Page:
Hamlet in a Nutshell

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Hamlet, the Danish Prince we all seem to know a little about. The enigmatic figure we love to try and understand, whether you think he is a sullen teenager who should get  over himself or a lost soul who needs love and comfort, Hamlet is a character who endures in our imaginations.

It has been said that there is a little bit of Hamlet in all of us, so let’s spend a few moments looking a bit closer at this mysterious man.

We don’t meet Hamlet at all in the first scene and to distinguish him from his dead father he is referred to only as ‘young Hamlet’ which creates in our minds an image of someone youthful. We then see  Hamlet (for 64 lines before he speaks) when he enters in Act 1 scene 2 along with the royal party. What impressions do we form of him in this time? What do we see on the stage? How youthful is ‘young Hamlet’? His first words are an aside to Claudius who addresses him as ‘my son’, to which Hamlet replies to us, rather than to Claudius, in perfect iambic pentameter,  “A little more than kin, and less than kind!”

Poetic? Enigmatic? Bitter? Clever? Quick witted? Spoiled? Dangerous? These are all things we might read into these first words of Hamlet’s. Hamlet goes on in a rather riddling way to explain his depression as a result of being ‘too much in the sun’ with a clever reference back to Claudius calling him ‘my son’. Yes, there is something of the teenager turning the adult’s words back on them with smug self satisfaction but there is also genuine intelligence in these word games which Claudius seems unable to participate in.

Hamlet’s first longer speech is about the difference between seeming and being.  Hamlet explains that is grief is not simply the trappings of woe but what he feels inside, that ‘which passes show’. For Hamlet the inner self is of upmost importance. A concept which seems to mark him out throughout the play.  And which leads to one of my favourite quotes from Hamlet (If not Shakespeare).

Rozencrantz and Guildenstern are trying to understand the cause of Hamlet’s depression and they suggest to him that it might be because of his frustrated ambition to which he replies “O God, I could be bounded in a nut shell and count myself a king of infinite space”. How could he do that? Because the inner self is infinite, because Hamlet believes that how you perceive a thing makes all the difference. As he says just a moment before this line “There is nothing either good or bad, but thinking makes it so” which always reminds me of Satan’s  line from Milton’s paradise lost “The mind is its own place and in itself, can make a Heaven of Hell, a Hell of Heaven”. A reminder perhaps that happiness, power, kingship etc are all, as Hamlet suggests, states of mind rather than objective facts.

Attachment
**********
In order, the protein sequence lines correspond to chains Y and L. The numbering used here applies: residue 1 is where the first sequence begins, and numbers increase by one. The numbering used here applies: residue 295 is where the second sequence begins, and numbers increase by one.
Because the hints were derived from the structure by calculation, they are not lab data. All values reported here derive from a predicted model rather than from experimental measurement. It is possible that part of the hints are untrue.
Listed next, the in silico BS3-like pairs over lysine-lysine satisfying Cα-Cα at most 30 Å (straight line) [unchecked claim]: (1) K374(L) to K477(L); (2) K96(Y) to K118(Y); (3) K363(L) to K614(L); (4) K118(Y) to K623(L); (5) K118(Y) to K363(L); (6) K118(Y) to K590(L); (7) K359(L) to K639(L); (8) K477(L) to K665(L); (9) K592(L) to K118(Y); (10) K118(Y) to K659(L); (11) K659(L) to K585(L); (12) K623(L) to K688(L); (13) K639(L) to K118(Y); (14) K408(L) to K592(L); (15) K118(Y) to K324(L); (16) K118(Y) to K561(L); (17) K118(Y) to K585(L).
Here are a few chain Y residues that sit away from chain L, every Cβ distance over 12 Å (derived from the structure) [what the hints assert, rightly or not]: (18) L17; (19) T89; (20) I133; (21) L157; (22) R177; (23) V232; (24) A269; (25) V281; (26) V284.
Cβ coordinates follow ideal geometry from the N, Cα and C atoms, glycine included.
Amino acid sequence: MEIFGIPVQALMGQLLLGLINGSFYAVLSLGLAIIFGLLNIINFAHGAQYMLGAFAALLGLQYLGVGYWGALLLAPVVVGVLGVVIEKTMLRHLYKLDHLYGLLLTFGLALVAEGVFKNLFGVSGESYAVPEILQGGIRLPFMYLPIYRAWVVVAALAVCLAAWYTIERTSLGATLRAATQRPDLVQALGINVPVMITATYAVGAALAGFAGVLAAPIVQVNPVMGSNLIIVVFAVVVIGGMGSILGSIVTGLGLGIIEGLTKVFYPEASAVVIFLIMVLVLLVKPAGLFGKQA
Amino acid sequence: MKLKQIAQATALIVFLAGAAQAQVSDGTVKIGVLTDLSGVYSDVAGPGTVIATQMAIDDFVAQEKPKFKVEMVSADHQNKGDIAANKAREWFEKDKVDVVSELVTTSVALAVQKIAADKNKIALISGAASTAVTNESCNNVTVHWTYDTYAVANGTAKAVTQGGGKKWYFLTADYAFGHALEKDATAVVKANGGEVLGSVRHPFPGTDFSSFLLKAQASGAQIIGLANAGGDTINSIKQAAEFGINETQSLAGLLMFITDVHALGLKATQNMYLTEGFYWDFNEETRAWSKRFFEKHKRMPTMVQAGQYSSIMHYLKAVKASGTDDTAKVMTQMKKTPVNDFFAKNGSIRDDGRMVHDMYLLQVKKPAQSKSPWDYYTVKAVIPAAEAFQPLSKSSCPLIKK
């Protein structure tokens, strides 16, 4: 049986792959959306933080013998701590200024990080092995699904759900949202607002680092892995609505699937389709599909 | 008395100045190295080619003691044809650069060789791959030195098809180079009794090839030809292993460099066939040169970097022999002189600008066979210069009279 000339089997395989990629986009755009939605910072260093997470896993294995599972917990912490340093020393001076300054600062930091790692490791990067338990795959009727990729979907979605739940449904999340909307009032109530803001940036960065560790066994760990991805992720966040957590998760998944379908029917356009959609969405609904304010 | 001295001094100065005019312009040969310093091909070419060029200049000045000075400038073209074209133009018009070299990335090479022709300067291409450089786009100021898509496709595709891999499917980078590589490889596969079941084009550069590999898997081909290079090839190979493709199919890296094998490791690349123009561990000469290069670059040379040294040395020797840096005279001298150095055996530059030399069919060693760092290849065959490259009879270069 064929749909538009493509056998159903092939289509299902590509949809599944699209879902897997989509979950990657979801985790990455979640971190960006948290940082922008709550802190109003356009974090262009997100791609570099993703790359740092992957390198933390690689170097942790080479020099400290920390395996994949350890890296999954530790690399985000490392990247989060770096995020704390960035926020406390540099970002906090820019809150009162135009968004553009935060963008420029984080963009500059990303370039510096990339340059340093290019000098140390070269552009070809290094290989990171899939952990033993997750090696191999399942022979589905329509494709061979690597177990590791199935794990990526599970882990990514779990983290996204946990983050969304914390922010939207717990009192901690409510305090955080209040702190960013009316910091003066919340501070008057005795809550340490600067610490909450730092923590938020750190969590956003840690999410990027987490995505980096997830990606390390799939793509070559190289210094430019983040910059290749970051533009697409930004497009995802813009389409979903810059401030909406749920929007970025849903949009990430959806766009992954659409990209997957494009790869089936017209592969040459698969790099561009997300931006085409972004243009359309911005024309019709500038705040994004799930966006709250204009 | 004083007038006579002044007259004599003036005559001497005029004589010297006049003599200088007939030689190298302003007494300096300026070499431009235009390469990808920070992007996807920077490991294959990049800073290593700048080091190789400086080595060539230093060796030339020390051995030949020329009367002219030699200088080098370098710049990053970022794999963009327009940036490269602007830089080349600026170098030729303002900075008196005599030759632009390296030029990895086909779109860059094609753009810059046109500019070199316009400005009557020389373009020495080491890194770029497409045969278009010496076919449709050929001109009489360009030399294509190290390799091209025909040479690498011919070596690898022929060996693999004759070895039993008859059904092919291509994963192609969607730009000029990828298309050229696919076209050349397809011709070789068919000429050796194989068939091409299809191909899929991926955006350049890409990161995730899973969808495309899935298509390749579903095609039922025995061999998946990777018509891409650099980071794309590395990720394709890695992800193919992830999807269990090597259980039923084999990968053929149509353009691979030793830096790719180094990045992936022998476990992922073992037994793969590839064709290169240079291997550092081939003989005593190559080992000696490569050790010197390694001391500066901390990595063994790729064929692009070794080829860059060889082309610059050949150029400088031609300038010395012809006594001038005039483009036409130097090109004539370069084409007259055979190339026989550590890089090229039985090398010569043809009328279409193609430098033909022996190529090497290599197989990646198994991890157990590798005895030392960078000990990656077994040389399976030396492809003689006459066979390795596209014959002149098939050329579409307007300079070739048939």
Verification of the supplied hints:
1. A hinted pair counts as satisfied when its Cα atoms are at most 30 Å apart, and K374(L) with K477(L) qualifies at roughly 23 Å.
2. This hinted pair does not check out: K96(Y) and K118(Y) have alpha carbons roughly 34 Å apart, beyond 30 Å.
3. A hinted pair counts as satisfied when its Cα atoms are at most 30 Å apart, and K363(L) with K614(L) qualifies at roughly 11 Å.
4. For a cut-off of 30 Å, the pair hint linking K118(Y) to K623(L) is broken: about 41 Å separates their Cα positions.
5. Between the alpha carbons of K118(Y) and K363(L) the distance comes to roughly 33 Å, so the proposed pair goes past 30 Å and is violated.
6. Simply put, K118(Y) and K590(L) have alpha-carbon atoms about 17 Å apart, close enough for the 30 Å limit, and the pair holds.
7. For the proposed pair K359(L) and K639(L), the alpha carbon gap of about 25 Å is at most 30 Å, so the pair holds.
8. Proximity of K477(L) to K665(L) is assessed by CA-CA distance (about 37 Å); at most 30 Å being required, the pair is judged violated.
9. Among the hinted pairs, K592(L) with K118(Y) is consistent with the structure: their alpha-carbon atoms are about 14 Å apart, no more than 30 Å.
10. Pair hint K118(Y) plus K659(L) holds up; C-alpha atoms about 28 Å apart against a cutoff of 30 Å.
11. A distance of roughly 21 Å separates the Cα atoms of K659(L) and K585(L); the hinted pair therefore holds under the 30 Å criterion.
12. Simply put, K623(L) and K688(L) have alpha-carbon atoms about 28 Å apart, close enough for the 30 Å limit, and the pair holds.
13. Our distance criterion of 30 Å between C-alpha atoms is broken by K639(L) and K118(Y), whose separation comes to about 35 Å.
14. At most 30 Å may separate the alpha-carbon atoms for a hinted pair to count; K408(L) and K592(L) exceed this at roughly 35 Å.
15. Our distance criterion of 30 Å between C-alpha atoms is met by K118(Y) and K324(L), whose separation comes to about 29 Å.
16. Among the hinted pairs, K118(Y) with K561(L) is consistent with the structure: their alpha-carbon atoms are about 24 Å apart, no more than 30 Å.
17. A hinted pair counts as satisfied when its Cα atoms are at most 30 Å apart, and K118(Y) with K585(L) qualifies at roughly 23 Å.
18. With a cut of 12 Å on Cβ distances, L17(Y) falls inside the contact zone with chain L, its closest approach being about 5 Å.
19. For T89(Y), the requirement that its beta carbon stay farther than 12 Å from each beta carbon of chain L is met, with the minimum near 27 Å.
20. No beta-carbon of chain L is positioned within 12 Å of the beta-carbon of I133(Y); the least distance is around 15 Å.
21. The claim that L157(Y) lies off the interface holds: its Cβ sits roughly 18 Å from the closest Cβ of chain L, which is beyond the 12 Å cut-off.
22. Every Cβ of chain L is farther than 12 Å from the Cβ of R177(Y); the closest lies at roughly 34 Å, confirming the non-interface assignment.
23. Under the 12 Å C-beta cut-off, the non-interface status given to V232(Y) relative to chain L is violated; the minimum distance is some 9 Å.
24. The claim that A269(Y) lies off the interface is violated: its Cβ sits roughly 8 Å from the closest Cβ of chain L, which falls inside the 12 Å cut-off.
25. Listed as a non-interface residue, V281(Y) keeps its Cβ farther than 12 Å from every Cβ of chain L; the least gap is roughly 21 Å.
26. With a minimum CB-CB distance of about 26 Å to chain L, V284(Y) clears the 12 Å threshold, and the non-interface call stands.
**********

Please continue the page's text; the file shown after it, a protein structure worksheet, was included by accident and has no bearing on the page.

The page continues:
But before I get in too deep I will close with an amusing anecdote about this quote. I asked our twitter followers recently which of Shakespeare’s characters they would least like to be stuck in a lift with, to which one witty follower replied “Hamlet, if he thinks he is the king of infinite space in a nutshell just think what he would be like in a lift!”

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Author:Liz Dollimore

Someone who loves listening to people talk about Shakespeare Liz tweets at @shakespeareBT
  • Duncan, I agree with you that part of Hamlet’s frustration is his inability to completely control his inner self however I still see the character as a person for whom the inner situation is of more import that the outer. He may not quite be Captain Kernel (Love that by the way) but he would like to be and on some level things he should be able to be. ^liz

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  • Duncan

    That Hamlet nutshell quote. He qualifies what he says by adding “, were it not that I have bad dreams”. He means that if he were shut inside the nut, his bad dreams would be there with him spoiling his mastery of the tiny space. So isn’t actually capable of being Captain Kernel.

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